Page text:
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Old March 6, 2011, 08:29 AM   #26
gearhounds
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Absolutely. For duty/CCW it is invaluable for building muscle memory, and will smooth out the trigger action over time. My Gen 2 P220 has a smoothness I have yet to feel on any other full sized Sig I've handled. Everyone else that has dry fired it swears I had it worked, which me agency will not allow.
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Old March 6, 2011, 11:10 AM   #27
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Guilty.

Once heard a story of an Olympic level shooter (the details escape me) who quit competition for a number of years. During his absence he never fired a single round; only dry-fired in his basement for hours at a clip. Came back after his hiatus to win the gold.
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Old March 6, 2011, 01:39 PM   #28
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Rifles only before a match as part of my preparation but pistols and revolvers regularly. I have snap caps for every hand gun caliber I have and use them regularly, not daily like I used to but a couple of times a month, sometimes weekly if I am having a particular problem that needs to be ironed out.
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Old March 6, 2011, 08:55 PM   #29
bigautomatic
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I dry fire quite a bit, mostly handguns. I have some big bores that can cause a flinch to show its ugly head in short order, and dry firing definately helps keep that in check.
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Old March 7, 2011, 04:22 AM   #30
Win_94
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Never, with any firearm.
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Old March 7, 2011, 07:01 AM   #31
Jimmy10mm
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I heard you'll go blind if you dry fire Forgive the sick humor. I started shooting handguns in the late 1960s and the general consensus then was that over time dry firing was detrimental to the firing pin and bushing as well as the hammer and frame. Steel work hardens as it beats against the parts without the 'softener' of the primer.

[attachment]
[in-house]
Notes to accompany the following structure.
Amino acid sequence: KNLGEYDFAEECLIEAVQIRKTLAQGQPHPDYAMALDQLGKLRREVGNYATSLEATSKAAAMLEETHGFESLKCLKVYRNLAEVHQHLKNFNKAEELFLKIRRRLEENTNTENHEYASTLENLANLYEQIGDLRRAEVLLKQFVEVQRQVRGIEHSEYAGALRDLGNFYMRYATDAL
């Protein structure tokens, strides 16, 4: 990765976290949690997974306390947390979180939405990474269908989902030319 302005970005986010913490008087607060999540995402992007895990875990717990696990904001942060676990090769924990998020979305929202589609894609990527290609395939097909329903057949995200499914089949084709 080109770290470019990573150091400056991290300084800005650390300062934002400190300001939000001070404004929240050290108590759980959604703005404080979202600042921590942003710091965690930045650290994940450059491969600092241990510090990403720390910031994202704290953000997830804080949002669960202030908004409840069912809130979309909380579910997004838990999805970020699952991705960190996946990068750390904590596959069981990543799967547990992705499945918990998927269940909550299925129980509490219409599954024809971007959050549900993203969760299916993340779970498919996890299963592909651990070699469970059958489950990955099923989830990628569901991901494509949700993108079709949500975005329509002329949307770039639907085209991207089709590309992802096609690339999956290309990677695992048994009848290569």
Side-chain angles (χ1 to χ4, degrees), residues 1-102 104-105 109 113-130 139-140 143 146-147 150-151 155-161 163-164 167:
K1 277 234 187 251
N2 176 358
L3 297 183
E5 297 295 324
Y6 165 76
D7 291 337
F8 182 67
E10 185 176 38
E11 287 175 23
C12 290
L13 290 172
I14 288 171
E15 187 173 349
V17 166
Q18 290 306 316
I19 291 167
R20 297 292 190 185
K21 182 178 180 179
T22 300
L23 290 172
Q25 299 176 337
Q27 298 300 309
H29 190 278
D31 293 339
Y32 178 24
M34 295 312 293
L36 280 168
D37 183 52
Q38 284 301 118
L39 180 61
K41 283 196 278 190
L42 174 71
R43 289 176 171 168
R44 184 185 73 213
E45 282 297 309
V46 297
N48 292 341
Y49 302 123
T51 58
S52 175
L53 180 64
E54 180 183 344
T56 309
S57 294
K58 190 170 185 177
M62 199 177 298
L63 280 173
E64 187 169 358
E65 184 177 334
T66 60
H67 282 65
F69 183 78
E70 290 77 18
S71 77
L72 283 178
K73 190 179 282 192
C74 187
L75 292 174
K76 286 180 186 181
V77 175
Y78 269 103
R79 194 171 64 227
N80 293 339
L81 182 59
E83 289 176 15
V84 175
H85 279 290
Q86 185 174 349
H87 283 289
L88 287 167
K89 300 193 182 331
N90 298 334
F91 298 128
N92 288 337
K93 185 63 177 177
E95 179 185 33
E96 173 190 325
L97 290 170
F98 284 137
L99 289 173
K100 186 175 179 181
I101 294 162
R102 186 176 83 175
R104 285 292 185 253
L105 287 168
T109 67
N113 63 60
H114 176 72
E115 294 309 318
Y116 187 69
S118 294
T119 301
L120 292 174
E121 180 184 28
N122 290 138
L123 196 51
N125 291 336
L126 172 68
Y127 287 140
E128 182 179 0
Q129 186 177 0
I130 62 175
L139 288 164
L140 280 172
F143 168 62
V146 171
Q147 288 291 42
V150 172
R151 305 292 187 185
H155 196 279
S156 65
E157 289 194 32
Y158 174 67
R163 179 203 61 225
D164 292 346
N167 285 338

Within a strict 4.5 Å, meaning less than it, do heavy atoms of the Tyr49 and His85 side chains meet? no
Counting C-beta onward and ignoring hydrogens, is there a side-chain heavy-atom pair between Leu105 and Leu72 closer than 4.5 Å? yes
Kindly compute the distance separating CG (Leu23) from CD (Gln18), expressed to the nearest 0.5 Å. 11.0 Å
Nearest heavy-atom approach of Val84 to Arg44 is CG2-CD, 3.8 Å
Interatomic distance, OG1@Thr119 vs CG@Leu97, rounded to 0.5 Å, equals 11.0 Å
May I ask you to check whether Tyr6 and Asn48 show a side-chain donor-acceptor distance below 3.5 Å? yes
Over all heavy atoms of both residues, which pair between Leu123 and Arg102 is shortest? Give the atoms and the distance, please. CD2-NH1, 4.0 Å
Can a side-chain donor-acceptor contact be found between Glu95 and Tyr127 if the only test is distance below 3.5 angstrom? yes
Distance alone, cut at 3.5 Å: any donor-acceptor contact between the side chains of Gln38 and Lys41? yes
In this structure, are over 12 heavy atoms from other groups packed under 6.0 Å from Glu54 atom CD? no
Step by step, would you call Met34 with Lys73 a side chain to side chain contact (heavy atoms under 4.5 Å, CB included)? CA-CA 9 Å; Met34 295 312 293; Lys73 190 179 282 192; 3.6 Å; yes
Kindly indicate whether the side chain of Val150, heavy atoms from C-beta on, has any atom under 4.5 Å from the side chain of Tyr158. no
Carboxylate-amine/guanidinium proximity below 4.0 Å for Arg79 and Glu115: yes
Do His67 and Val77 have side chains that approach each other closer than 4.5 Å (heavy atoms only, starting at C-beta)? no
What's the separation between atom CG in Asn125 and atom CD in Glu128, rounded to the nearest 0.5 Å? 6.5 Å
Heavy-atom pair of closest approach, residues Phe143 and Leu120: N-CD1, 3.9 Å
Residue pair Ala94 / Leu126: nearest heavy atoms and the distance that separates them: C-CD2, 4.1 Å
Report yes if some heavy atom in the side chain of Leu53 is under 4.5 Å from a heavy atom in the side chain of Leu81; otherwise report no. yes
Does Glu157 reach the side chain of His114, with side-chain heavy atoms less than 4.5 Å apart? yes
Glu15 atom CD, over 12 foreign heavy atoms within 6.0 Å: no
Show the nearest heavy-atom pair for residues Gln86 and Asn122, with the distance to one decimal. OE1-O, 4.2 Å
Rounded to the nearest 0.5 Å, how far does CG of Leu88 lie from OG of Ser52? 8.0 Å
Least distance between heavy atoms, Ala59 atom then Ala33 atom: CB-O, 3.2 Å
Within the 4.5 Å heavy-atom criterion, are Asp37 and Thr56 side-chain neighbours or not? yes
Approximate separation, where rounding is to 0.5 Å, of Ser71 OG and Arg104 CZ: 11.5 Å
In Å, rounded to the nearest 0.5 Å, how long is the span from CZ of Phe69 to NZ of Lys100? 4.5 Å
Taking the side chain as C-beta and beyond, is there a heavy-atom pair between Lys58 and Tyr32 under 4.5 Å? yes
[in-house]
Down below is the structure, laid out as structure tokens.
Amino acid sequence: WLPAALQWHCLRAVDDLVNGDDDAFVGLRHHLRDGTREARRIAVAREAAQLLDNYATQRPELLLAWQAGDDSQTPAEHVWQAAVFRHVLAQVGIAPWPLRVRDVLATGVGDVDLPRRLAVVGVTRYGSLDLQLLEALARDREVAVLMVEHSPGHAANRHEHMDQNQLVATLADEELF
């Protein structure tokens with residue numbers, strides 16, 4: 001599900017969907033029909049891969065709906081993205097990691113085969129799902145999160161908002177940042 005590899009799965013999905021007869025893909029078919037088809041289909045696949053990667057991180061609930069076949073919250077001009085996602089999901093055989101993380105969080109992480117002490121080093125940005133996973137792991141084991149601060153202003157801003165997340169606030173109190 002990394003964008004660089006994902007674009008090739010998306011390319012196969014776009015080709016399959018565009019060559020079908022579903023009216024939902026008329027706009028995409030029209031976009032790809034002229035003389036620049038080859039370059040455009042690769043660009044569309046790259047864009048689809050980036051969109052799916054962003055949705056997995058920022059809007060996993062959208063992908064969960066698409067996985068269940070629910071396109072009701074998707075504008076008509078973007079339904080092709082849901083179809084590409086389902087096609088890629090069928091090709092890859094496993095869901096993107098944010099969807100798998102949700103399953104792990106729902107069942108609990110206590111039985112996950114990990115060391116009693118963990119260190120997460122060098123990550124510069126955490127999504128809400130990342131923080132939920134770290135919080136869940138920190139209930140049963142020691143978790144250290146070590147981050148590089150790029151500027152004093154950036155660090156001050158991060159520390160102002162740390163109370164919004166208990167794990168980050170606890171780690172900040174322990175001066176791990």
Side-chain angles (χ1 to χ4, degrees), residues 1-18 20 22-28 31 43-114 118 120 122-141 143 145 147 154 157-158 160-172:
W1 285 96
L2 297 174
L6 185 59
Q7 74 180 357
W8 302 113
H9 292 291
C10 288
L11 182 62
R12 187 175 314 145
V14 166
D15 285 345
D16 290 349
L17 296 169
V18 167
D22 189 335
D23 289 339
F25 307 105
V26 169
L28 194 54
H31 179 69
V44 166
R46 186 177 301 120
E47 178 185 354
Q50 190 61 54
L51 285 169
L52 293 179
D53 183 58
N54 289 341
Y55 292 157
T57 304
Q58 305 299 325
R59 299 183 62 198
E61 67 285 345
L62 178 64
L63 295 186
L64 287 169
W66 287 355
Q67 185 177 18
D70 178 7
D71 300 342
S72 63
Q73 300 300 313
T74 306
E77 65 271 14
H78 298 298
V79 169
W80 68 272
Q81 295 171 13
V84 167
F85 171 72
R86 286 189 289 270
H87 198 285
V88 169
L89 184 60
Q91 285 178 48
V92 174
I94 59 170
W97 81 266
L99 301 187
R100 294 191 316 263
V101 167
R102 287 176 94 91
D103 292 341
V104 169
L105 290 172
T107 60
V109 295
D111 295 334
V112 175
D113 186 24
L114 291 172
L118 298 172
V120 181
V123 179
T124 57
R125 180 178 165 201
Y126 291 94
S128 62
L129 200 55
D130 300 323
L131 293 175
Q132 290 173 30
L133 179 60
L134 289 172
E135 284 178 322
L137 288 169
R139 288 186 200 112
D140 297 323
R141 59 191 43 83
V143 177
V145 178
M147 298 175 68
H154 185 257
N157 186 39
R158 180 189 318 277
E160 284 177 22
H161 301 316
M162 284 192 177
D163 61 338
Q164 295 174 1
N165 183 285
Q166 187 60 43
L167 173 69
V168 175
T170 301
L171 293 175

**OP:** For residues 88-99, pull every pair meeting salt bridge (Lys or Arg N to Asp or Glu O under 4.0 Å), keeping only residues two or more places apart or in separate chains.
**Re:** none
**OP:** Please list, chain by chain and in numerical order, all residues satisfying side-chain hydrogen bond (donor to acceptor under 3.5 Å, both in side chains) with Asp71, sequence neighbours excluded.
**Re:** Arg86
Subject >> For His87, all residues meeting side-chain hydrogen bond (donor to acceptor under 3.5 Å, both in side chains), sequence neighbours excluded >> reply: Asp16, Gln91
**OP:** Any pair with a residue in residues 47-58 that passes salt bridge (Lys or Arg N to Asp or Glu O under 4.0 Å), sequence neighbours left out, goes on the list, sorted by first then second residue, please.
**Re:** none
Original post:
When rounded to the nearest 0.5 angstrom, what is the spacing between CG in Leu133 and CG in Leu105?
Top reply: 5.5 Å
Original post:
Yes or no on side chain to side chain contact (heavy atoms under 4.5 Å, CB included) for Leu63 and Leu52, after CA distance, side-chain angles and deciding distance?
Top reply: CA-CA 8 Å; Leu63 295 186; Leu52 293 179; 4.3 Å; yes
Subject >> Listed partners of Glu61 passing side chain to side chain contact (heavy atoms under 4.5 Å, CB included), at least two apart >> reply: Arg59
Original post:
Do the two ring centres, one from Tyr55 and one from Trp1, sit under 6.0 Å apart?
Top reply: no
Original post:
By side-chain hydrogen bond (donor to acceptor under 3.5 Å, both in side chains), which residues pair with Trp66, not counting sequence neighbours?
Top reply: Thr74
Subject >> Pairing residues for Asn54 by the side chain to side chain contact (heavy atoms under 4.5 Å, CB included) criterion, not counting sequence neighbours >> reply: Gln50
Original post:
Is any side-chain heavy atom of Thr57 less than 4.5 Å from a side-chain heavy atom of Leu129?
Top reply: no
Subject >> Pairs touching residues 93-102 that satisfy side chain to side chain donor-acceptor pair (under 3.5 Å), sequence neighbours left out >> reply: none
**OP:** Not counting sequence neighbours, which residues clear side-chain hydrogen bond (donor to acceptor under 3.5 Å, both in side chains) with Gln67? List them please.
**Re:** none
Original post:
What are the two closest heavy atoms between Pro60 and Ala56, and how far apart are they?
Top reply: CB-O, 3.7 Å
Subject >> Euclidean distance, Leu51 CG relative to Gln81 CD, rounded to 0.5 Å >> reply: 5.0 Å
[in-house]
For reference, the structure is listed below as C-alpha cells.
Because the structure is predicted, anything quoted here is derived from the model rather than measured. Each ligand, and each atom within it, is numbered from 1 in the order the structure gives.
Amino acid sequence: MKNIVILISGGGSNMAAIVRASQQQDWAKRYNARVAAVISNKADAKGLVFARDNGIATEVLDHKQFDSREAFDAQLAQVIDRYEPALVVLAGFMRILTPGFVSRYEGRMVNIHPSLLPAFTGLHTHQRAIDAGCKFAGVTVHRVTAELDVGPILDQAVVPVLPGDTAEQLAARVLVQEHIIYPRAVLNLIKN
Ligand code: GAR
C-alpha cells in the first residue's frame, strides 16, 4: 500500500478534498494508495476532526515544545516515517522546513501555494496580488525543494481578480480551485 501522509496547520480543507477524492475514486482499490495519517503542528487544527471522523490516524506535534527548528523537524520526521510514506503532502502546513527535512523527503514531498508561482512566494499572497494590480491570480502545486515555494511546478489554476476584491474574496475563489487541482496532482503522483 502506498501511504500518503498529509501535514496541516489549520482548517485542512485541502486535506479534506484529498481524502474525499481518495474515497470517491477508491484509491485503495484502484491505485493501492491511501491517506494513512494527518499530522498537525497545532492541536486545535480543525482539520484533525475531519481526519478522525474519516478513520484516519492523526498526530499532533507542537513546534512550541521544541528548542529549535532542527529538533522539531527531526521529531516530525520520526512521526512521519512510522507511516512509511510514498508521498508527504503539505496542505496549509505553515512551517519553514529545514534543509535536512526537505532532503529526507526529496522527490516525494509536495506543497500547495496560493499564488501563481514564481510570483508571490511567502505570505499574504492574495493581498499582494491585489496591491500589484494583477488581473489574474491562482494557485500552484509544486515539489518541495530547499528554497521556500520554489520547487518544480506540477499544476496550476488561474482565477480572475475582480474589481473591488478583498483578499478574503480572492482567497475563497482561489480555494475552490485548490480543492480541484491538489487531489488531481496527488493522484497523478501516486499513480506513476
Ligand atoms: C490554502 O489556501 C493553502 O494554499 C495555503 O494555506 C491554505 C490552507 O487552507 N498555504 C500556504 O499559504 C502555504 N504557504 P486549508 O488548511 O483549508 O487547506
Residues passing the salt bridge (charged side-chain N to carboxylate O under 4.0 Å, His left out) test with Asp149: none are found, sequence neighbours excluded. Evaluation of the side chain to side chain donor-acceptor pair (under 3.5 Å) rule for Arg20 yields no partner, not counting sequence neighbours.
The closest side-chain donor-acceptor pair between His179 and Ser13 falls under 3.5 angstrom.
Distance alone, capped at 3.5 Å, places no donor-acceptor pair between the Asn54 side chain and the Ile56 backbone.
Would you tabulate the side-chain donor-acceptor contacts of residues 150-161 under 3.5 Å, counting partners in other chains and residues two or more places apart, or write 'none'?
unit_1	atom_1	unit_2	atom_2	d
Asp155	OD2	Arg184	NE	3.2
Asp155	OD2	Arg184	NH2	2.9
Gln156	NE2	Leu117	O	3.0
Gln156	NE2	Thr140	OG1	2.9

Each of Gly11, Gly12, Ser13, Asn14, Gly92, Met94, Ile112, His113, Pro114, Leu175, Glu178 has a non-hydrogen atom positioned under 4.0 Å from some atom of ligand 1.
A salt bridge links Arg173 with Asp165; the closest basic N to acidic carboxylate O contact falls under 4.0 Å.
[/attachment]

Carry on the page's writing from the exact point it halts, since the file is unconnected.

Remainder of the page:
When I was learning DA shooting I used spent 22LR shells in a K22 and would dry fire a cylinder full while aiming at the TV. Swing the cylinder out and turn each shell enough to give the firing pin a new spot to hit. Did this hundreds, maybe thousands of times, and became quite proficient at DA shooting.

This thread has stimulated me to go buy some snap caps for one of my revolvers. Back then I think they were only available for high end double guns. I would like to see if dry firing would improve my skills and I just couldn't do it without some protection for the gun. Even if it wouldn't matter I would rather have the ounce of prevention.
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Old March 7, 2011, 08:16 AM   #32
output
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I do a couple of times a week, and before I head out to my range.
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Old March 12, 2011, 10:05 PM   #33
HKFan9
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I do a lot of dry firing with handguns, it truly helps. Wasn't it S&W who used to ship guns with a "Dry Fire Practice" target or something along those lines. In my opinion any well made center fire is just fine to dry fire, rim fires, even if the manual states its safe... I would use a snap cap.
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Old March 12, 2011, 10:32 PM   #34
Nnobby45
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AZooms are good snap caps. Some others, with metal "primers" result in very fine pieces of metal getting into the action.

Used them every since I talked to a Sig smithie (back in the days when you could talk to them). If the firing pin doesn't hit something, it wants to keep going. It can break. Also, when the firing pin is allowed to go all the way forward, the FP return spring can weakien over time.